In recent years, however, software vendors have announced new products to address the challenges facing small businesses. This post outlines two of them.
Read the rest of this post by Strativa consultant Dee Long: New Customer-Facing Systems Extend the Reach of Small, Midsize Businesses
Tuesday, October 18, 2016
Human Capital Management (HCM) is turning out to be fertile ground for providers to develop use cases for data science. The recent HR Technology Conference in Chicago provided an excellent opportunity for us to learn about the offerings of six such providers.
At the same time, there are other interesting problems for data science to solve in HCM beyond the initial use cases.
Read the rest of this post on the Strativa blog: HCM Fertile Ground for Data Science.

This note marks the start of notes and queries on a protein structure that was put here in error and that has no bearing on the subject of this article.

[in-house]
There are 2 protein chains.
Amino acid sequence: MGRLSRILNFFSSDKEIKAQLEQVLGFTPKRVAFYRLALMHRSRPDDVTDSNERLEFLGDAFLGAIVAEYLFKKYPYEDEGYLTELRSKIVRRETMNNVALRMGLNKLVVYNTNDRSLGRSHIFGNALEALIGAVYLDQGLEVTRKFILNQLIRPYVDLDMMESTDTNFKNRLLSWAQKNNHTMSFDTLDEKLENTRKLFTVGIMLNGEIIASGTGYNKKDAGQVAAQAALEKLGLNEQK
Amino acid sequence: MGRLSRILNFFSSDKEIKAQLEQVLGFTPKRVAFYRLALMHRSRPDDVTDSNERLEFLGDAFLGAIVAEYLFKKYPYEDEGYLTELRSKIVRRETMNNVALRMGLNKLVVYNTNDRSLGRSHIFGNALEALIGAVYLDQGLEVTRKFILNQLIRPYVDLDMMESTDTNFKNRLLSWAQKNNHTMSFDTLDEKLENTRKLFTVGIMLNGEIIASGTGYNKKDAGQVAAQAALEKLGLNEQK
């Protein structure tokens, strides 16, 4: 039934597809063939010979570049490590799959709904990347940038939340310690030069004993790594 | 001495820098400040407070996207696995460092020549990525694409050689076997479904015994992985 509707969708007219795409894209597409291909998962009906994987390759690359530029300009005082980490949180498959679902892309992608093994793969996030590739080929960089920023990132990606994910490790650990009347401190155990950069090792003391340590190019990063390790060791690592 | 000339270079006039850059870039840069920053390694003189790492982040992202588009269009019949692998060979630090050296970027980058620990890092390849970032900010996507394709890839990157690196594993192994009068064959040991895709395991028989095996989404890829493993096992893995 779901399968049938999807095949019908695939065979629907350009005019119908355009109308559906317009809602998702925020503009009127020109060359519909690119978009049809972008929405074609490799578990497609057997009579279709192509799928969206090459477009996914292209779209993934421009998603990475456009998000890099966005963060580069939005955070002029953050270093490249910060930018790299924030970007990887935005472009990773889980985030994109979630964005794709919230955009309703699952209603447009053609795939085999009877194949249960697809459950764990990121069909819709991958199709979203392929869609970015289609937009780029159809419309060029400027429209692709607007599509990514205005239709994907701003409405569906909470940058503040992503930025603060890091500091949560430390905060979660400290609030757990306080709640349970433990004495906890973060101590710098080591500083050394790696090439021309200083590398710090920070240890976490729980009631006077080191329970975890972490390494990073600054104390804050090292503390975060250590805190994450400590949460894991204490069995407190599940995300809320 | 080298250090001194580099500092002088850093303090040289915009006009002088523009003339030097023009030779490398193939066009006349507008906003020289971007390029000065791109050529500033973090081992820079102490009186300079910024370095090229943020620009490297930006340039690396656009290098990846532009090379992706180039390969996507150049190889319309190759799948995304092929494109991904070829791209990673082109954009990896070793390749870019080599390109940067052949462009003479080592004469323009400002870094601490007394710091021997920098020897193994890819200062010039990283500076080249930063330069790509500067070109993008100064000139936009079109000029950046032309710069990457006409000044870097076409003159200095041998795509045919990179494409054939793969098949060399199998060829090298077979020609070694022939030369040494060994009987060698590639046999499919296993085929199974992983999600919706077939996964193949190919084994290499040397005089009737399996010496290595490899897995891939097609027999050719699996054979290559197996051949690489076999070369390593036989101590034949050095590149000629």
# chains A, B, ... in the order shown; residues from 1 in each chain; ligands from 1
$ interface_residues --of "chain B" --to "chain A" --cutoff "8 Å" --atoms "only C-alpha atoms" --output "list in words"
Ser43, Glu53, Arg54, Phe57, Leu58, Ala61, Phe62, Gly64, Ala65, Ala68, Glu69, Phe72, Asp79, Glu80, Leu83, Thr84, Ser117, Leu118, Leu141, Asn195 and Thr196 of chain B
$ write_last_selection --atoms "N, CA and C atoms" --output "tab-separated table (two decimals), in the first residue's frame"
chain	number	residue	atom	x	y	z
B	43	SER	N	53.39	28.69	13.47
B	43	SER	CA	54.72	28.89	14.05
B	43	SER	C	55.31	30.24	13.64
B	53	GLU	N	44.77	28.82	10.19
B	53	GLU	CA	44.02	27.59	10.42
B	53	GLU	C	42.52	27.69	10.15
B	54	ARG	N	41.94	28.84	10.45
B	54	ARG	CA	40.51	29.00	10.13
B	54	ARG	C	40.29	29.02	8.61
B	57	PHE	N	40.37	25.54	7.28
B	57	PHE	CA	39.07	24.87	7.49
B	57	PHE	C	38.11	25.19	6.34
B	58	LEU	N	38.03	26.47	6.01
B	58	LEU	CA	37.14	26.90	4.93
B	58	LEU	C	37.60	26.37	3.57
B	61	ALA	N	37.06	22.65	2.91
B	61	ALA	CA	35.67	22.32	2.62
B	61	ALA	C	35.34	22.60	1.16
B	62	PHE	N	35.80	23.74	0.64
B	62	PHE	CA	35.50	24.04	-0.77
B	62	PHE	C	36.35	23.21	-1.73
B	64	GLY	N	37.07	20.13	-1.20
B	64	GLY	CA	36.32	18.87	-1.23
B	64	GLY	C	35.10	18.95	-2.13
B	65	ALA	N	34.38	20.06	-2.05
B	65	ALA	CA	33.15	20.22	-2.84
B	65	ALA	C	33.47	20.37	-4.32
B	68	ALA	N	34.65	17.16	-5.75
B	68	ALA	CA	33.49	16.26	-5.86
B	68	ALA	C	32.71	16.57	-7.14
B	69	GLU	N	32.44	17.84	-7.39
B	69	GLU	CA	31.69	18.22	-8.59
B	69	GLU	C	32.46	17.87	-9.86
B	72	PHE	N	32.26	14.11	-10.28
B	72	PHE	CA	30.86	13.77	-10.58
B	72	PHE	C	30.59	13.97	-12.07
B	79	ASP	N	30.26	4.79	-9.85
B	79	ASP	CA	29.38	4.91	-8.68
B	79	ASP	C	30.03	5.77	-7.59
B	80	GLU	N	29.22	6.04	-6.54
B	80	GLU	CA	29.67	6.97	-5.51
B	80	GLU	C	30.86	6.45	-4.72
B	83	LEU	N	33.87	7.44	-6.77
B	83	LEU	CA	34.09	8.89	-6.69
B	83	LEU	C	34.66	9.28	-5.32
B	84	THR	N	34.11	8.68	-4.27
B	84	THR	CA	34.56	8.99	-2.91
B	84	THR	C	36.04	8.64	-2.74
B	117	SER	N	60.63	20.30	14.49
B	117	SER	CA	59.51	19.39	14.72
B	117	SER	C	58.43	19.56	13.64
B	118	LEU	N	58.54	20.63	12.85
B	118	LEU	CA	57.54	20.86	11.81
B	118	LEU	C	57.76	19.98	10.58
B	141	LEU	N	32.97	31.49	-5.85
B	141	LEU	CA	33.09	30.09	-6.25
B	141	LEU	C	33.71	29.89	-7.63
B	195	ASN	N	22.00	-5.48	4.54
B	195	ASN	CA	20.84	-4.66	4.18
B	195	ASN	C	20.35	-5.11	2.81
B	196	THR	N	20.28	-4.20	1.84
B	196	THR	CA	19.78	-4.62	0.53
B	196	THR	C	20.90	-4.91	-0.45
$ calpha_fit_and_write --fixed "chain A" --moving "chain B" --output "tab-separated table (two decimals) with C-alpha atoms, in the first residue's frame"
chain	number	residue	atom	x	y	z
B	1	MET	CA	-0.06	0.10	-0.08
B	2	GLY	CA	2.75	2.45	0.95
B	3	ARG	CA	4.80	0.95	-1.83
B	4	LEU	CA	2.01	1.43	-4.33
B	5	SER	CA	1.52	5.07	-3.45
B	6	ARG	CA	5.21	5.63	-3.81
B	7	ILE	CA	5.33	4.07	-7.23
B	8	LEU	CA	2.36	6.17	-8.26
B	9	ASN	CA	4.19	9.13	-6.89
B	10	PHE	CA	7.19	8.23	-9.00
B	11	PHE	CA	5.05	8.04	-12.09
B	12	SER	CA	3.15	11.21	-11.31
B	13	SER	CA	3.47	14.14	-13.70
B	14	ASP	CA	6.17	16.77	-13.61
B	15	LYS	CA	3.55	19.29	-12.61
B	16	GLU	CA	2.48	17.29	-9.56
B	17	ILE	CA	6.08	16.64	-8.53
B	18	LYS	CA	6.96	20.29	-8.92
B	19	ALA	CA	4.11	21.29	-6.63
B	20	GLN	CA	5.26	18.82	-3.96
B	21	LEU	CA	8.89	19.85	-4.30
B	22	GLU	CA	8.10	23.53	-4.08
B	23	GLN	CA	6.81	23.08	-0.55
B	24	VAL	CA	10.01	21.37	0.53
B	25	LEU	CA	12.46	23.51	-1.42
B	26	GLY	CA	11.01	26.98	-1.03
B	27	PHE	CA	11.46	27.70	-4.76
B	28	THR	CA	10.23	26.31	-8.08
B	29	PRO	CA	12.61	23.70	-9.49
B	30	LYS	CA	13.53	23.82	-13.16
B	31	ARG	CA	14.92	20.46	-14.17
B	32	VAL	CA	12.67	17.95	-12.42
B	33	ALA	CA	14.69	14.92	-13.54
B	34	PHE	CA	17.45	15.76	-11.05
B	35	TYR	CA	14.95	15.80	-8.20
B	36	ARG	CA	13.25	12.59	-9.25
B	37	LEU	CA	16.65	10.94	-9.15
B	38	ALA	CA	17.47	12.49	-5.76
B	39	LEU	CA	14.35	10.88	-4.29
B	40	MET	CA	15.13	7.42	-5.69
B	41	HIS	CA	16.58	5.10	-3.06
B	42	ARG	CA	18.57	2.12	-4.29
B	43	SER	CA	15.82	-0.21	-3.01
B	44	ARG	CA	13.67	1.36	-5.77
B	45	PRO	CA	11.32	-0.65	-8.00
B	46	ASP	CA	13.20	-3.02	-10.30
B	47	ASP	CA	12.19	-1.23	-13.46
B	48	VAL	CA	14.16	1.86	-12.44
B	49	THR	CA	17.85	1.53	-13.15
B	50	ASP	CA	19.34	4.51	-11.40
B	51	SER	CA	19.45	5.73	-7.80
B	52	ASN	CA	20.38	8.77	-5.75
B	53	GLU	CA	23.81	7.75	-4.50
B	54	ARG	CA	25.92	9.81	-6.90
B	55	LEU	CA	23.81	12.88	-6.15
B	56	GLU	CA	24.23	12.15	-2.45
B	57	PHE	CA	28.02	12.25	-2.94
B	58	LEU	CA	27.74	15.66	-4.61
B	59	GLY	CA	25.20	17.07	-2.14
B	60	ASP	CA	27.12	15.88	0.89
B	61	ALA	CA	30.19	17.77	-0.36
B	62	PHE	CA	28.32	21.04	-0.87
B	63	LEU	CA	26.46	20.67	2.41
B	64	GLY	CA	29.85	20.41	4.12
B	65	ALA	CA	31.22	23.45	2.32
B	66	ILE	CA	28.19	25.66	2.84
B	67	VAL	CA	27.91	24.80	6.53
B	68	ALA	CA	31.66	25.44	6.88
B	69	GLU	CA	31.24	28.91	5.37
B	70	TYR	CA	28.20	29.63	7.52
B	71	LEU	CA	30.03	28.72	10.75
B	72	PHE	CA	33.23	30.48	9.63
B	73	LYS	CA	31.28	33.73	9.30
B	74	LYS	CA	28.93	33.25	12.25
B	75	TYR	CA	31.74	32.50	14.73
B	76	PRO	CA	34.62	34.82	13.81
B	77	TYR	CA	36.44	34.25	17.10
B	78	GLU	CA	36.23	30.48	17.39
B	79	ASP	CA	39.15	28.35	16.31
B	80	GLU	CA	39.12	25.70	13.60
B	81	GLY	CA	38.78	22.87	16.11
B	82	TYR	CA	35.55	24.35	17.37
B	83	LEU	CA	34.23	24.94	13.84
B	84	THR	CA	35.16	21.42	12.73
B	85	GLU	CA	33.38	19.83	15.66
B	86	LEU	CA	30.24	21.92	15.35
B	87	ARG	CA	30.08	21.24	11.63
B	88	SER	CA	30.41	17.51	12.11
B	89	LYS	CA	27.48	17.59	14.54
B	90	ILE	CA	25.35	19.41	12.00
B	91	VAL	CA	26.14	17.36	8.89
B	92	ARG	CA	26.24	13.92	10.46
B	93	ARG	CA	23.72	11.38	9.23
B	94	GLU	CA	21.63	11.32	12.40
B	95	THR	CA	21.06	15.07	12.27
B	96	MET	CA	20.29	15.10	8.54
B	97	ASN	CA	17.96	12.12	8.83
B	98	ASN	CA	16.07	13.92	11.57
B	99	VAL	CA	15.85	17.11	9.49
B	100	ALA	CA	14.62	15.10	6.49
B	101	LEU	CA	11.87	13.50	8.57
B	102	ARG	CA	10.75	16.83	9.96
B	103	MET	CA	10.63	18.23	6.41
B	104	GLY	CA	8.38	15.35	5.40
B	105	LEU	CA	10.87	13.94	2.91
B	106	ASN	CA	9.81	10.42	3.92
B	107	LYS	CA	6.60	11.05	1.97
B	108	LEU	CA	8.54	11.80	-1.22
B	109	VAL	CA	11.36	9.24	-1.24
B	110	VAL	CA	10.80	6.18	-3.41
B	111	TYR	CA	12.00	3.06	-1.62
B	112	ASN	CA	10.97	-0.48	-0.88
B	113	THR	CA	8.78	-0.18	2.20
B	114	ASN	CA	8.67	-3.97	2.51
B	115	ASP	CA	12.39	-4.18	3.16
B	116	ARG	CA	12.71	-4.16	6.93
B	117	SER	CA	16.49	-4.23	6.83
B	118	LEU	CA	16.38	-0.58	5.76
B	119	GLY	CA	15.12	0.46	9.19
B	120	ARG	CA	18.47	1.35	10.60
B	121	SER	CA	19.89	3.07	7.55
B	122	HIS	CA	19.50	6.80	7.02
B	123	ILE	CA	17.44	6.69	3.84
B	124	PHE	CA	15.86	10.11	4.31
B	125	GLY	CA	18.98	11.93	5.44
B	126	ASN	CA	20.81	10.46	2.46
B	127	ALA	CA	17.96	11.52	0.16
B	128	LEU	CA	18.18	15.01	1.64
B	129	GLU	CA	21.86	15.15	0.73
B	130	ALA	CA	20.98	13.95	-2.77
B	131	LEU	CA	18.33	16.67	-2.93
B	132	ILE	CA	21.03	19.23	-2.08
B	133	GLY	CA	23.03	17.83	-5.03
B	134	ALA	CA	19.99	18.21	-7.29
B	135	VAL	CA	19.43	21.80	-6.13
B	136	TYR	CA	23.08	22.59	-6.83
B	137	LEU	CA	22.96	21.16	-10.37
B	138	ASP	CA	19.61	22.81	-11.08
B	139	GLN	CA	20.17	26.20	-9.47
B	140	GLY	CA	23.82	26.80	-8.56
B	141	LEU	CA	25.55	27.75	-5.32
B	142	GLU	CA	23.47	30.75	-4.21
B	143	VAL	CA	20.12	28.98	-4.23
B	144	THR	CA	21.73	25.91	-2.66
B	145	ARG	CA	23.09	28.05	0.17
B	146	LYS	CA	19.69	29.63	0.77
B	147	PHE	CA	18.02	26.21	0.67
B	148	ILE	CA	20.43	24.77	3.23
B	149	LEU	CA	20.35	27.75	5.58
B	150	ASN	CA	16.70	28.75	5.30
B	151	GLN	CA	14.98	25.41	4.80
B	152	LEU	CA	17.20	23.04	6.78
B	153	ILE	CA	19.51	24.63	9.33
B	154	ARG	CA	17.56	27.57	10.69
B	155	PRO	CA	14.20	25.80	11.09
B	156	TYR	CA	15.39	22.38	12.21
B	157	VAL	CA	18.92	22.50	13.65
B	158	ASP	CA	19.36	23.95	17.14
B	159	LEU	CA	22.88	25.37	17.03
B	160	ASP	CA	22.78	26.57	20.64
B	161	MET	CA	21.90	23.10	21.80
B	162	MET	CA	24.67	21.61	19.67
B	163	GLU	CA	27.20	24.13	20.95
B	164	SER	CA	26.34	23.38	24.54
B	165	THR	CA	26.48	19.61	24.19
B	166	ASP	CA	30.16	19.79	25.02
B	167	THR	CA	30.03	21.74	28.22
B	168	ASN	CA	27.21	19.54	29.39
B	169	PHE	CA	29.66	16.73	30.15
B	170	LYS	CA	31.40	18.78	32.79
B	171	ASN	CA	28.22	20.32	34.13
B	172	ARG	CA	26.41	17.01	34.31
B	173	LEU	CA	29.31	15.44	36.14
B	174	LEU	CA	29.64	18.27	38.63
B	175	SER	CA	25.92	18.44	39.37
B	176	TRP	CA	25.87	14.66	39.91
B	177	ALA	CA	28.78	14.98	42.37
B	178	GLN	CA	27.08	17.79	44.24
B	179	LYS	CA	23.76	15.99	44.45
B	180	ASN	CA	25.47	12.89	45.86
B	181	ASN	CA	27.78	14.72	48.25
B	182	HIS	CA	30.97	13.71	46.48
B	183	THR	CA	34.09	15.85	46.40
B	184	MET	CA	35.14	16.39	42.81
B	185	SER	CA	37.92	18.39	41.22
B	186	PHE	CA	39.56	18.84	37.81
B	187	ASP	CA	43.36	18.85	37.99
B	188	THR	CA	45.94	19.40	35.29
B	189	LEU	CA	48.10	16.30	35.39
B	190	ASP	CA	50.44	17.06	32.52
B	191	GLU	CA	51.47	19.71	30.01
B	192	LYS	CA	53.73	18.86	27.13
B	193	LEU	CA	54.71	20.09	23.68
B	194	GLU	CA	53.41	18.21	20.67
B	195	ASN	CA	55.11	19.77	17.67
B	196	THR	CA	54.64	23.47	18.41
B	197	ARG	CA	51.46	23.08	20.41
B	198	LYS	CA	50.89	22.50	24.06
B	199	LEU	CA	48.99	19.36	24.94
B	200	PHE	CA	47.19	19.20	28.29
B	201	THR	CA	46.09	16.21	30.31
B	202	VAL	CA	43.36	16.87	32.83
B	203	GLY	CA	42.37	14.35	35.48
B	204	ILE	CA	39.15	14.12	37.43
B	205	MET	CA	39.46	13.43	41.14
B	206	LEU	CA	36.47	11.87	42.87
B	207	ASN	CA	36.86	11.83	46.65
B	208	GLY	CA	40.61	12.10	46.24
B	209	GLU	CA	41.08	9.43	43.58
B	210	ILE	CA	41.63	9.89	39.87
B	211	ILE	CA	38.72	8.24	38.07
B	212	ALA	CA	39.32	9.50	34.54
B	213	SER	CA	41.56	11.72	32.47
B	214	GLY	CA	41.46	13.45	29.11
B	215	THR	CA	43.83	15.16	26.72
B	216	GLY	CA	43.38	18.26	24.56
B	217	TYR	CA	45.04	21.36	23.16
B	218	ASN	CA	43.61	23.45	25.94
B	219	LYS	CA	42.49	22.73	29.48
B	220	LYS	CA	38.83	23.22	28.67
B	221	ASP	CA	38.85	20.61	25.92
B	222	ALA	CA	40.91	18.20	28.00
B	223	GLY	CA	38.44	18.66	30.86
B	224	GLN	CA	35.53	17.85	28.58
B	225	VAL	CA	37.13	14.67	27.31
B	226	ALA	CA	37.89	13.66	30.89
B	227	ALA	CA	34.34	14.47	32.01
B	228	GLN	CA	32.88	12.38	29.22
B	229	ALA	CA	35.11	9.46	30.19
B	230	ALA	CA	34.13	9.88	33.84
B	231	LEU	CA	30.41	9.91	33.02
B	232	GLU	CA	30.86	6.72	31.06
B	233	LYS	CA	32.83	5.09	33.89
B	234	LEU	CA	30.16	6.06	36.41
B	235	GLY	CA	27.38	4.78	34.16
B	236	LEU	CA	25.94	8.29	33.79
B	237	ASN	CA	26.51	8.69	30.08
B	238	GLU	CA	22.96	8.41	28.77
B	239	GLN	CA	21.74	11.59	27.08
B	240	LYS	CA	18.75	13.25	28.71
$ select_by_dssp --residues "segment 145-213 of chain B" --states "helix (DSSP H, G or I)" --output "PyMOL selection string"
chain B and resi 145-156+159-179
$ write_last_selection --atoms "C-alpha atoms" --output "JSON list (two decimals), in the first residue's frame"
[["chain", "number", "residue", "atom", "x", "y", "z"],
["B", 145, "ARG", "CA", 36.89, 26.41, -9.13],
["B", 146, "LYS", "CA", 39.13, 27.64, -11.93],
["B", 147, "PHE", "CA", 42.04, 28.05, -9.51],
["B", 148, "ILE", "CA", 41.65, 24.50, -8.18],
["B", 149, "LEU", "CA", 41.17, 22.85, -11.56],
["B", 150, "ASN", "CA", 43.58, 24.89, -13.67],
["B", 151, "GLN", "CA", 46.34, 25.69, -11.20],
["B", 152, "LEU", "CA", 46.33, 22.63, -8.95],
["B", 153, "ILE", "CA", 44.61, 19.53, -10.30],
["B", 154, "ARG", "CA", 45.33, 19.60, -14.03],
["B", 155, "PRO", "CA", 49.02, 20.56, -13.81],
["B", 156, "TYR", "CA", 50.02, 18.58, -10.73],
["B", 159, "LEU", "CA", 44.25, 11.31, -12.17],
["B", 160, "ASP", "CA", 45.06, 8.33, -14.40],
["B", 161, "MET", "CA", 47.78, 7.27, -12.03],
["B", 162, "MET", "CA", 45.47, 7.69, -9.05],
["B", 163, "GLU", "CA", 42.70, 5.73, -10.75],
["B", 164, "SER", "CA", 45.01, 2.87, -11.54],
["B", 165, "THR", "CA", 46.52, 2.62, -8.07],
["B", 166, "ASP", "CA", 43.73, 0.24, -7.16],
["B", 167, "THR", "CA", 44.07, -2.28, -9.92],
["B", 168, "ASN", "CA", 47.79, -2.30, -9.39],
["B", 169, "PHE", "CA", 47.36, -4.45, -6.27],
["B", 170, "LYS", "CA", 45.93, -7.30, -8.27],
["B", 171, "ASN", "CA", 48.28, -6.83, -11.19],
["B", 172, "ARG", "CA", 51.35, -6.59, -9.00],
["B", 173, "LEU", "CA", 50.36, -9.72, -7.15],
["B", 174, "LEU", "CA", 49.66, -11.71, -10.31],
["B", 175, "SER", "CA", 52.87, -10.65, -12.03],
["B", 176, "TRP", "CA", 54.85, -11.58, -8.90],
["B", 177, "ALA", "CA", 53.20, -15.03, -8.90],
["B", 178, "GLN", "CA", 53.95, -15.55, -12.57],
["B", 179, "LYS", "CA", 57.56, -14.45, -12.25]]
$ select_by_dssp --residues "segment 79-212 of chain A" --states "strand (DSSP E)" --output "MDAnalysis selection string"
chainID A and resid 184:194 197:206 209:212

Sunday, October 02, 2016
The personalized coupons we receive at checkout are generated by the grocer’s analysis of our purchase history. Likewise, the targeted ads we see on the web are based on ad brokers’ use of big data generated by our browsing history. Large health insurers use big data to target us with advice on managing our health and lowering costs of medication. And major political campaigns are getting good at using big data to target us based on our demographics.
Based on our experience as consumers, it is evident that the “big guys” know how to use big data. But what about small to midsize companies?
The good news is that business analytics and even big data are becoming more readily available to smaller businesses. This is the result of three big enablers.
Read the rest of this post by Strativa consultant Dee Long, on the Strativa blog.